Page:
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‘Nothing is certain except death and taxes’ – Benjamin Franklin, 1789.

Not much has changed in the more than two centuries since that statement was made. Together with the Master of the High Court, the South African Revenue Service (SARS) plays an integral role in the administration of deceased estates. The types of taxes an individual’s deceased estate is liable for differ on a case by case basis, however at some point SARS will certainly be involved. All taxpayer’s deceased estates must be reported to SARS. This includes submitting the Liquidation and Distribution Account, which sets out the assets and income to be taxed in the estate, and contains the Estate Duty Addendum used to calculate if there is any Estate Duty payable.

In 2016 the taxation system for deceased estates underwent significant changes, both in terms of the Master’s requirements and the role of SARS in the process. The Master delegated the examination and oversight of Estate Duty to SARS. This means that every individual taxpayer’s deceased estate must be reported to SARS and not only to the Master. One of the requirements of the deceased estate process is that a Deceased Estate Clearance Certificate (DEC) be issued by SARS. The DEC is issued once all the tax requirements have been complied with. This means that all the outstanding tax returns from before and after death have been submitted, all outstanding taxes have been paid and the Estate Duty Addendum has been approved.

When reporting a deceased estate to SARS, the taxpayer’s current profile must be coded as a deceased estate. SARS will issue a new number to the deceased estate that will be linked to the existing income tax reference number of the deceased. Ultimately, the profiles deal with income before death and income after death separately and returns for both profiles need to be filed. Income after death can include things such as interest earned on accounts and rental income received.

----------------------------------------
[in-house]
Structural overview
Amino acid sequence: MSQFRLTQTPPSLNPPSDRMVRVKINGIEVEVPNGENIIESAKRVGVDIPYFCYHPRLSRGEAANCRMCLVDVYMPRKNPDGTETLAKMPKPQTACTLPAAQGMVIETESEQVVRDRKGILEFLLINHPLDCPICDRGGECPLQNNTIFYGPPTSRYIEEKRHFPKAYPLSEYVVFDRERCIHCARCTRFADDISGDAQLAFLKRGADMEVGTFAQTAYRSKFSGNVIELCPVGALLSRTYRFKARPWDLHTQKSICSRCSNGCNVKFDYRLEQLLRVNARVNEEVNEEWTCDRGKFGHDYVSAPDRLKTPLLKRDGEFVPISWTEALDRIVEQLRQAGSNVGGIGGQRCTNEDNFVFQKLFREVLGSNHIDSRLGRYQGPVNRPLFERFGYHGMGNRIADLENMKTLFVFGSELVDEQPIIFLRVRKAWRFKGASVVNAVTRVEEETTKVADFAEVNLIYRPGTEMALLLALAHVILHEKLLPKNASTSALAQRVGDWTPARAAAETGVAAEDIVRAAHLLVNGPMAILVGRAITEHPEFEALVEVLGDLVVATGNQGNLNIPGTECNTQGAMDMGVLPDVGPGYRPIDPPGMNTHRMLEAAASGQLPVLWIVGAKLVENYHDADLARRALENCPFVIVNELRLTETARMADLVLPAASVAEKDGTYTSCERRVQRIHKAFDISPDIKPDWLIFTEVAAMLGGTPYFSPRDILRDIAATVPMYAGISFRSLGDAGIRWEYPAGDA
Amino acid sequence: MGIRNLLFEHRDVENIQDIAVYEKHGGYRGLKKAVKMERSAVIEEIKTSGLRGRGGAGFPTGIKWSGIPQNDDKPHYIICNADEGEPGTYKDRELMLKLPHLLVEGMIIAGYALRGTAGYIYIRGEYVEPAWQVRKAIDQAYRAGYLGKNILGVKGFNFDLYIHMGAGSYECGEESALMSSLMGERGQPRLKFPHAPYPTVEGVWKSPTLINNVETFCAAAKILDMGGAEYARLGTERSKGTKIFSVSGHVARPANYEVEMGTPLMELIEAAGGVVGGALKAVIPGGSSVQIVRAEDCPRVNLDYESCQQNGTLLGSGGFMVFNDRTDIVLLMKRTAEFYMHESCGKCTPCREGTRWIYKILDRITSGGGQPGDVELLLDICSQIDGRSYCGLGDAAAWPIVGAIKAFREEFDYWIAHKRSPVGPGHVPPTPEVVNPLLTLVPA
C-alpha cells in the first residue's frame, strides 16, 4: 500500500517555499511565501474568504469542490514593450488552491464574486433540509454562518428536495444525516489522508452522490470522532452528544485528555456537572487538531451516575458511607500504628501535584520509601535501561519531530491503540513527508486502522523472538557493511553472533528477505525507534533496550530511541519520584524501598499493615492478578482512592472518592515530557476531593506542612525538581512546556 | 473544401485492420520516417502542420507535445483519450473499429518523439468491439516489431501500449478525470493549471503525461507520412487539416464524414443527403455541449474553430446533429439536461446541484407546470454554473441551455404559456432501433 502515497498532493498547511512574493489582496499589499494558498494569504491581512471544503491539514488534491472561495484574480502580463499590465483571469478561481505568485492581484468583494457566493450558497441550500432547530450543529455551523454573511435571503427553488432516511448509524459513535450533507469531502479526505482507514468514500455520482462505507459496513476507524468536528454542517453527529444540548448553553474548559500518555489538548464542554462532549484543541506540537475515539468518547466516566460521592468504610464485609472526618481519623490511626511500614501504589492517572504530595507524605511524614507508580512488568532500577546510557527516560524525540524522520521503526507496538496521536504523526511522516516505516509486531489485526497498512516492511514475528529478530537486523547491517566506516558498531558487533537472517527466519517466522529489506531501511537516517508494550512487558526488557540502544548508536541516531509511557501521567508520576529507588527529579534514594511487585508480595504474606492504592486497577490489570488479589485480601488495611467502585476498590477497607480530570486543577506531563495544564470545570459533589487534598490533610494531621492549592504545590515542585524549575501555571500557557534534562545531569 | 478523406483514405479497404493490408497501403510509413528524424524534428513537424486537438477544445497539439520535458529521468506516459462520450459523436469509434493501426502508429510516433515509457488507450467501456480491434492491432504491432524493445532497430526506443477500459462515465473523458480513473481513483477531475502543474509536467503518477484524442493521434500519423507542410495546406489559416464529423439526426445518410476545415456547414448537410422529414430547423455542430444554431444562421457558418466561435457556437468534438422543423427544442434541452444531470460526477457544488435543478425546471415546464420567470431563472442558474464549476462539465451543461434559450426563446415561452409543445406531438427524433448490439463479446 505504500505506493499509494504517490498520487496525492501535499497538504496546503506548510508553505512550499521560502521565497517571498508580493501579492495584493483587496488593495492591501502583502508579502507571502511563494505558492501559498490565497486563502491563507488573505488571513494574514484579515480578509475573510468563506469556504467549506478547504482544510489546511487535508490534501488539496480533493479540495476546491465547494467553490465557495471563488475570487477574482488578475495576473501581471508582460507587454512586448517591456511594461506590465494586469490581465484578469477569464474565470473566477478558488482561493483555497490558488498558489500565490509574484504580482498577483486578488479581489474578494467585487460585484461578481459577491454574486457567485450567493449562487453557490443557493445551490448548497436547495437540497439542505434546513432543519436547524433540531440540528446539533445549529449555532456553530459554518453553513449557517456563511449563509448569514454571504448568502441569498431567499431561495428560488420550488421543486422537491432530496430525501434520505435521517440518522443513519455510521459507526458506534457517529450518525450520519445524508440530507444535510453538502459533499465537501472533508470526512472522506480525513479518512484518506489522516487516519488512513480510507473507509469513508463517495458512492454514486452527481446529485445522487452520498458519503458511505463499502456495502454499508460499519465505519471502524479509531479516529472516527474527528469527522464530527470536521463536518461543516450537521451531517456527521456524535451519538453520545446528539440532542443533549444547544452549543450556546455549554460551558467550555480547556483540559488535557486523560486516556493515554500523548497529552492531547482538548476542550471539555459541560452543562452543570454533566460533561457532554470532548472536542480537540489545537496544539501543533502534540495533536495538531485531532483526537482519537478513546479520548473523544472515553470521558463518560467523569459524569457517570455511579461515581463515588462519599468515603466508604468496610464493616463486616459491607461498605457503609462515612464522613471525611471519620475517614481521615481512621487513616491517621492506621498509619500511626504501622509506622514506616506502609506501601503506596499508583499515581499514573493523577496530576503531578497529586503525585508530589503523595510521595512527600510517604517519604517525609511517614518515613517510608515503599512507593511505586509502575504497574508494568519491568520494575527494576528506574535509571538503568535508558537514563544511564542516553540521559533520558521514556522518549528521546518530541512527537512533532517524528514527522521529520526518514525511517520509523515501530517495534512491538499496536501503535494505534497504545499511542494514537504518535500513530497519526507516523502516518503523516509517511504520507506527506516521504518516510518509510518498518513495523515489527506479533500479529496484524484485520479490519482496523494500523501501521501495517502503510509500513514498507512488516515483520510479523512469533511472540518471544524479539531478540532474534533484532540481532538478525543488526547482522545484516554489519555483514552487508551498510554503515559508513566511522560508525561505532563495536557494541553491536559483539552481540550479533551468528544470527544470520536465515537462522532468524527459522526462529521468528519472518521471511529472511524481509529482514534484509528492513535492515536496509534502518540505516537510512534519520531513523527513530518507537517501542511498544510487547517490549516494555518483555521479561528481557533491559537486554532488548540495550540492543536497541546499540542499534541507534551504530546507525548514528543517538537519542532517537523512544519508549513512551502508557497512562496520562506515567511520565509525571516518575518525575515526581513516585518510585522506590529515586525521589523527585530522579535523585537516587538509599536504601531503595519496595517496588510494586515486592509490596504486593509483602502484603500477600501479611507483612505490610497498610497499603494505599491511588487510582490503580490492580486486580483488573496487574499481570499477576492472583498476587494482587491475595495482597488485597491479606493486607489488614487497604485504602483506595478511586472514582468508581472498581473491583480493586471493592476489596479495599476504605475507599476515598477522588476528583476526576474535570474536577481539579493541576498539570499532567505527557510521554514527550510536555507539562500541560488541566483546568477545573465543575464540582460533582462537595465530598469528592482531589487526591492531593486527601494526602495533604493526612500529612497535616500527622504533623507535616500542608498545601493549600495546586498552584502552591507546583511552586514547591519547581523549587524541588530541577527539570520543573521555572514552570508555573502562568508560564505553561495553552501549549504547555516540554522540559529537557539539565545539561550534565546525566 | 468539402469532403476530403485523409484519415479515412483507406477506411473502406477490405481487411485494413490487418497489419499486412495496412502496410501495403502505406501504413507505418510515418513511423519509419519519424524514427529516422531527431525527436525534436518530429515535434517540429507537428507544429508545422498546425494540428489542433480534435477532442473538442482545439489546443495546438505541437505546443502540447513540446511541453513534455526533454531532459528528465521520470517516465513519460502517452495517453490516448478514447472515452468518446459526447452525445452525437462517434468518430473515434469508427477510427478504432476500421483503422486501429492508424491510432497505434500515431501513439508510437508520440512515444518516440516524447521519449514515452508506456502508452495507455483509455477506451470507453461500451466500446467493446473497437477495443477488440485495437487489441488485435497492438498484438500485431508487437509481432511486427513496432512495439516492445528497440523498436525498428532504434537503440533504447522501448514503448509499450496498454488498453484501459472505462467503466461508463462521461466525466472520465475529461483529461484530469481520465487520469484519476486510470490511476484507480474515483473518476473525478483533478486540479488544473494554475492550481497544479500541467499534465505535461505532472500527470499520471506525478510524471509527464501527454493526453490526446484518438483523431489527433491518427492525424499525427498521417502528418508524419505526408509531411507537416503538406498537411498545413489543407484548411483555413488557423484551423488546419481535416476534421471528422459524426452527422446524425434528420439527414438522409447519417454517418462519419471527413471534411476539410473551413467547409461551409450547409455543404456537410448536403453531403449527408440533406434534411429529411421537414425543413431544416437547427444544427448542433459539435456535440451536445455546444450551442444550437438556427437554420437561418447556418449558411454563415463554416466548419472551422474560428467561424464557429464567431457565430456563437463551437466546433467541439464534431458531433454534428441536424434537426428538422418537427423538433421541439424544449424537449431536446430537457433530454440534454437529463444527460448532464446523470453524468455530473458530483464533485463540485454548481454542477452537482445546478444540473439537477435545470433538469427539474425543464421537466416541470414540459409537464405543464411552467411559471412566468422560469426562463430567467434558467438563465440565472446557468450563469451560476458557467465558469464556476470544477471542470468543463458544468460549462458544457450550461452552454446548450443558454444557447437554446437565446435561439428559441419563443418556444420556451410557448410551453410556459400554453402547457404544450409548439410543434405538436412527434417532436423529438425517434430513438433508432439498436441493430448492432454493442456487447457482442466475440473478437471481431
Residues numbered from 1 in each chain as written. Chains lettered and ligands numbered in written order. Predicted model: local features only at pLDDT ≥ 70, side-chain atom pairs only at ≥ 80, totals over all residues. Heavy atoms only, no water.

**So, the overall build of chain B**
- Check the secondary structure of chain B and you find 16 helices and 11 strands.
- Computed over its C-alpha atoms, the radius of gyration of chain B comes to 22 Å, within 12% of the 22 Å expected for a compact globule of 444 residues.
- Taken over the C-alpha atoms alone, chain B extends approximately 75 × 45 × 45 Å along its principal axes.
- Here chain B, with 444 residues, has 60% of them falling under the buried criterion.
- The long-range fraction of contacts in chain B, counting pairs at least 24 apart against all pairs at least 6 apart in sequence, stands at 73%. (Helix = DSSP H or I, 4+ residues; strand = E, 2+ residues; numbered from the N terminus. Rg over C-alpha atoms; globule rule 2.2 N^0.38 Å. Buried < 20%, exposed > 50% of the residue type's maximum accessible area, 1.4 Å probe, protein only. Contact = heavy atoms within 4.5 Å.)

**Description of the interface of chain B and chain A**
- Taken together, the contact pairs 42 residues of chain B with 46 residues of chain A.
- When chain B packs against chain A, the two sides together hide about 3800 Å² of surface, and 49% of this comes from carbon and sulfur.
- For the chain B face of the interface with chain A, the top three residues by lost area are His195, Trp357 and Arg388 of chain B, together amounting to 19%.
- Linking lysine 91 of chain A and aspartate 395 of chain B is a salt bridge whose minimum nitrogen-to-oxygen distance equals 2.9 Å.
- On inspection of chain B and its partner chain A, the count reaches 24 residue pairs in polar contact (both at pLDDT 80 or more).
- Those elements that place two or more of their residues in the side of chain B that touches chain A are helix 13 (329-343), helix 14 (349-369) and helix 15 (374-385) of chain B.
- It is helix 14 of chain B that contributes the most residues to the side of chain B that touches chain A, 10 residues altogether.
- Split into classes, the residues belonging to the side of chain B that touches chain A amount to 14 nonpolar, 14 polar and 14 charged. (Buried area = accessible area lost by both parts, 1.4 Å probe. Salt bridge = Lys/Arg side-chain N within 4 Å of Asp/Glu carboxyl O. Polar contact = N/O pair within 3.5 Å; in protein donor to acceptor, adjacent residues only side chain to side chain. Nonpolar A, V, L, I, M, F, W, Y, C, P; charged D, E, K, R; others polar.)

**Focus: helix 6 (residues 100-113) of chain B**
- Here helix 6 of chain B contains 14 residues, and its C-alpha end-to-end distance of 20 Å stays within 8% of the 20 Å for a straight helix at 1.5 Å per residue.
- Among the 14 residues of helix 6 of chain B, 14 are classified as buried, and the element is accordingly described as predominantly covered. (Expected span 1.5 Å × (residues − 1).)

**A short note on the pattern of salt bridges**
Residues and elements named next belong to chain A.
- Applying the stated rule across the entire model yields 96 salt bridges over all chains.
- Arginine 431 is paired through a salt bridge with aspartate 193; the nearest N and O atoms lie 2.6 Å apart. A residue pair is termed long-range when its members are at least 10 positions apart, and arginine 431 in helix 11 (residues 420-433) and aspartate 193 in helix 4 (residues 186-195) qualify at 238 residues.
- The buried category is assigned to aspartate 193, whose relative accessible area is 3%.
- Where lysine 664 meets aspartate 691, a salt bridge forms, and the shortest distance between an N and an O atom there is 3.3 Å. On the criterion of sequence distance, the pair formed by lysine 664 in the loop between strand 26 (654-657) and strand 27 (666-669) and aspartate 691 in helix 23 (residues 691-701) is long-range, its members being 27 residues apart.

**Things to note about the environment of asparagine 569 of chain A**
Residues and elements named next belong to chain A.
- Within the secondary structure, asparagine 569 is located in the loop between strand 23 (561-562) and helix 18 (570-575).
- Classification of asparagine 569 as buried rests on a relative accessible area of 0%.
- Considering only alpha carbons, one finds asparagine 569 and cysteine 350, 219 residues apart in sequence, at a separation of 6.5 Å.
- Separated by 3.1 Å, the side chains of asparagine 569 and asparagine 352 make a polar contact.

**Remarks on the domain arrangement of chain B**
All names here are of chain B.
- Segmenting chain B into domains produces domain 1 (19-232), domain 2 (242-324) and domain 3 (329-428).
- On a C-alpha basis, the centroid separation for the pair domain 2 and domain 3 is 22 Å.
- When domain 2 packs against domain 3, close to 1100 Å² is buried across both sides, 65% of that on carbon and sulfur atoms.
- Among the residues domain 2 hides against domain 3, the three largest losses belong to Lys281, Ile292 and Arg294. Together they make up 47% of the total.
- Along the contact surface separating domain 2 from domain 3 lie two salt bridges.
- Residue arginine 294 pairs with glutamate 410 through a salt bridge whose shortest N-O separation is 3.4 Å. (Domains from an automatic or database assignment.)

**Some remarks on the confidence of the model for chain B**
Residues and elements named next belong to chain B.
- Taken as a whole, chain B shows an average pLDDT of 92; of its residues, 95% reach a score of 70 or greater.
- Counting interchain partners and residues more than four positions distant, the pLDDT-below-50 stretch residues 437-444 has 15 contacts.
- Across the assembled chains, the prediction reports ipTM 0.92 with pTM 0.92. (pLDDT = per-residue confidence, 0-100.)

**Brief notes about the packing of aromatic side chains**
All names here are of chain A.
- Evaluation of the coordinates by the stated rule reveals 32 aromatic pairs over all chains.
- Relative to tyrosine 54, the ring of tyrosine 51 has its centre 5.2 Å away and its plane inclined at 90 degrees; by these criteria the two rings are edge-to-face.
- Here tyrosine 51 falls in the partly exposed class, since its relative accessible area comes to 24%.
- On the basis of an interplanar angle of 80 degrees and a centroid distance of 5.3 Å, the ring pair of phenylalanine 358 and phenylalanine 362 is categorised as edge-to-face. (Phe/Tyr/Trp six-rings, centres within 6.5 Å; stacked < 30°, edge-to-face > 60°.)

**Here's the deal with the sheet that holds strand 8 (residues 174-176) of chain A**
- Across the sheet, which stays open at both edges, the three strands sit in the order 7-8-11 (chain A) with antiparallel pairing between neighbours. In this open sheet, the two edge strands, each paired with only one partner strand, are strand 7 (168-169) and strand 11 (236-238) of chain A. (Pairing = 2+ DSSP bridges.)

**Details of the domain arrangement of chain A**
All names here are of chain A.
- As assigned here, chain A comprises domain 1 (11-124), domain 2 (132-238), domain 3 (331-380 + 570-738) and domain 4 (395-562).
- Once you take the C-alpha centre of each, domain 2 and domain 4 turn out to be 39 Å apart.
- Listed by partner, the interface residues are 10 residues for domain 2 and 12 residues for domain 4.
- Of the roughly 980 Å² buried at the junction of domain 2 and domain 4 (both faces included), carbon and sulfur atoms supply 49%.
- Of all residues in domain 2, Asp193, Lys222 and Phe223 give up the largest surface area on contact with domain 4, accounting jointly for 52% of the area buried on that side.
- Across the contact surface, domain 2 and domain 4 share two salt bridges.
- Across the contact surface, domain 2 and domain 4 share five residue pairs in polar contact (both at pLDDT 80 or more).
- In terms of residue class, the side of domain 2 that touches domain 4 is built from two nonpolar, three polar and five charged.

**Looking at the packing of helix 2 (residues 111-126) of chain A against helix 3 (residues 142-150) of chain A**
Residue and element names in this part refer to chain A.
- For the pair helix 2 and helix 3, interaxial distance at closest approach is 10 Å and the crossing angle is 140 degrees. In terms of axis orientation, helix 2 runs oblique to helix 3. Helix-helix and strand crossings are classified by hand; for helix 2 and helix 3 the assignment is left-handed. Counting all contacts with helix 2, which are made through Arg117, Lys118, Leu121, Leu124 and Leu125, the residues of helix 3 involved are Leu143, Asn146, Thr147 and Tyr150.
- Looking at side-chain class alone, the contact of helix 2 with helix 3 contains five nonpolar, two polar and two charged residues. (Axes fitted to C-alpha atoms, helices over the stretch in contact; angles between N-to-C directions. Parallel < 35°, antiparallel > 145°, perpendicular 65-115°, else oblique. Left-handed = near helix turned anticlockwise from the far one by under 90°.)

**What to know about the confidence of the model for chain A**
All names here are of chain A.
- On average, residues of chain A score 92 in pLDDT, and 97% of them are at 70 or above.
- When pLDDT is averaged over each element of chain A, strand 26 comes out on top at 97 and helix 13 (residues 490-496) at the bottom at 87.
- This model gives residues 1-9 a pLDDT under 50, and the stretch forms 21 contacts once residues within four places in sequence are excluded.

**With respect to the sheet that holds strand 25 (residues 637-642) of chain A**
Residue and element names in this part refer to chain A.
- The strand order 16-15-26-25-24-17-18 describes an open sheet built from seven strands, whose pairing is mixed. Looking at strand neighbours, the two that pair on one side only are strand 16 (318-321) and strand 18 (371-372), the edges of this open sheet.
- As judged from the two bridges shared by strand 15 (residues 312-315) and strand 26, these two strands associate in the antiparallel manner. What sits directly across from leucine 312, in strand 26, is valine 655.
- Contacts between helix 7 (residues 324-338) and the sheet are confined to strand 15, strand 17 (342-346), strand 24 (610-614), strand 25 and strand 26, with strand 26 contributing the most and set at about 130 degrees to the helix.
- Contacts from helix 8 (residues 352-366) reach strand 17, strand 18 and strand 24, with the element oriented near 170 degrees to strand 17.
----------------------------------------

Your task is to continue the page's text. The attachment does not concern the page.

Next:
The process of obtaining the DEC is often one of the biggest factors causing delays in finalising a deceased estate and distributing assets to the heirs. Tax practitioners have reported that the frequency of deceased estates being audited by SARS has increased in recent times. There are also more instances of SARS requesting additional supporting documents like tax certificates, valuations of assets and other documents, depending on the complexity of each case.

In times with increasing rules and regulations regarding all aspects of the administration of deceased estates, it is more important than ever that Executors are assisted by competent professionals with the necessary skills and experience to navigate the process as efficiently as possible.

Contact Curran Attorneys on (021) 671 9322 for assistance in this regard.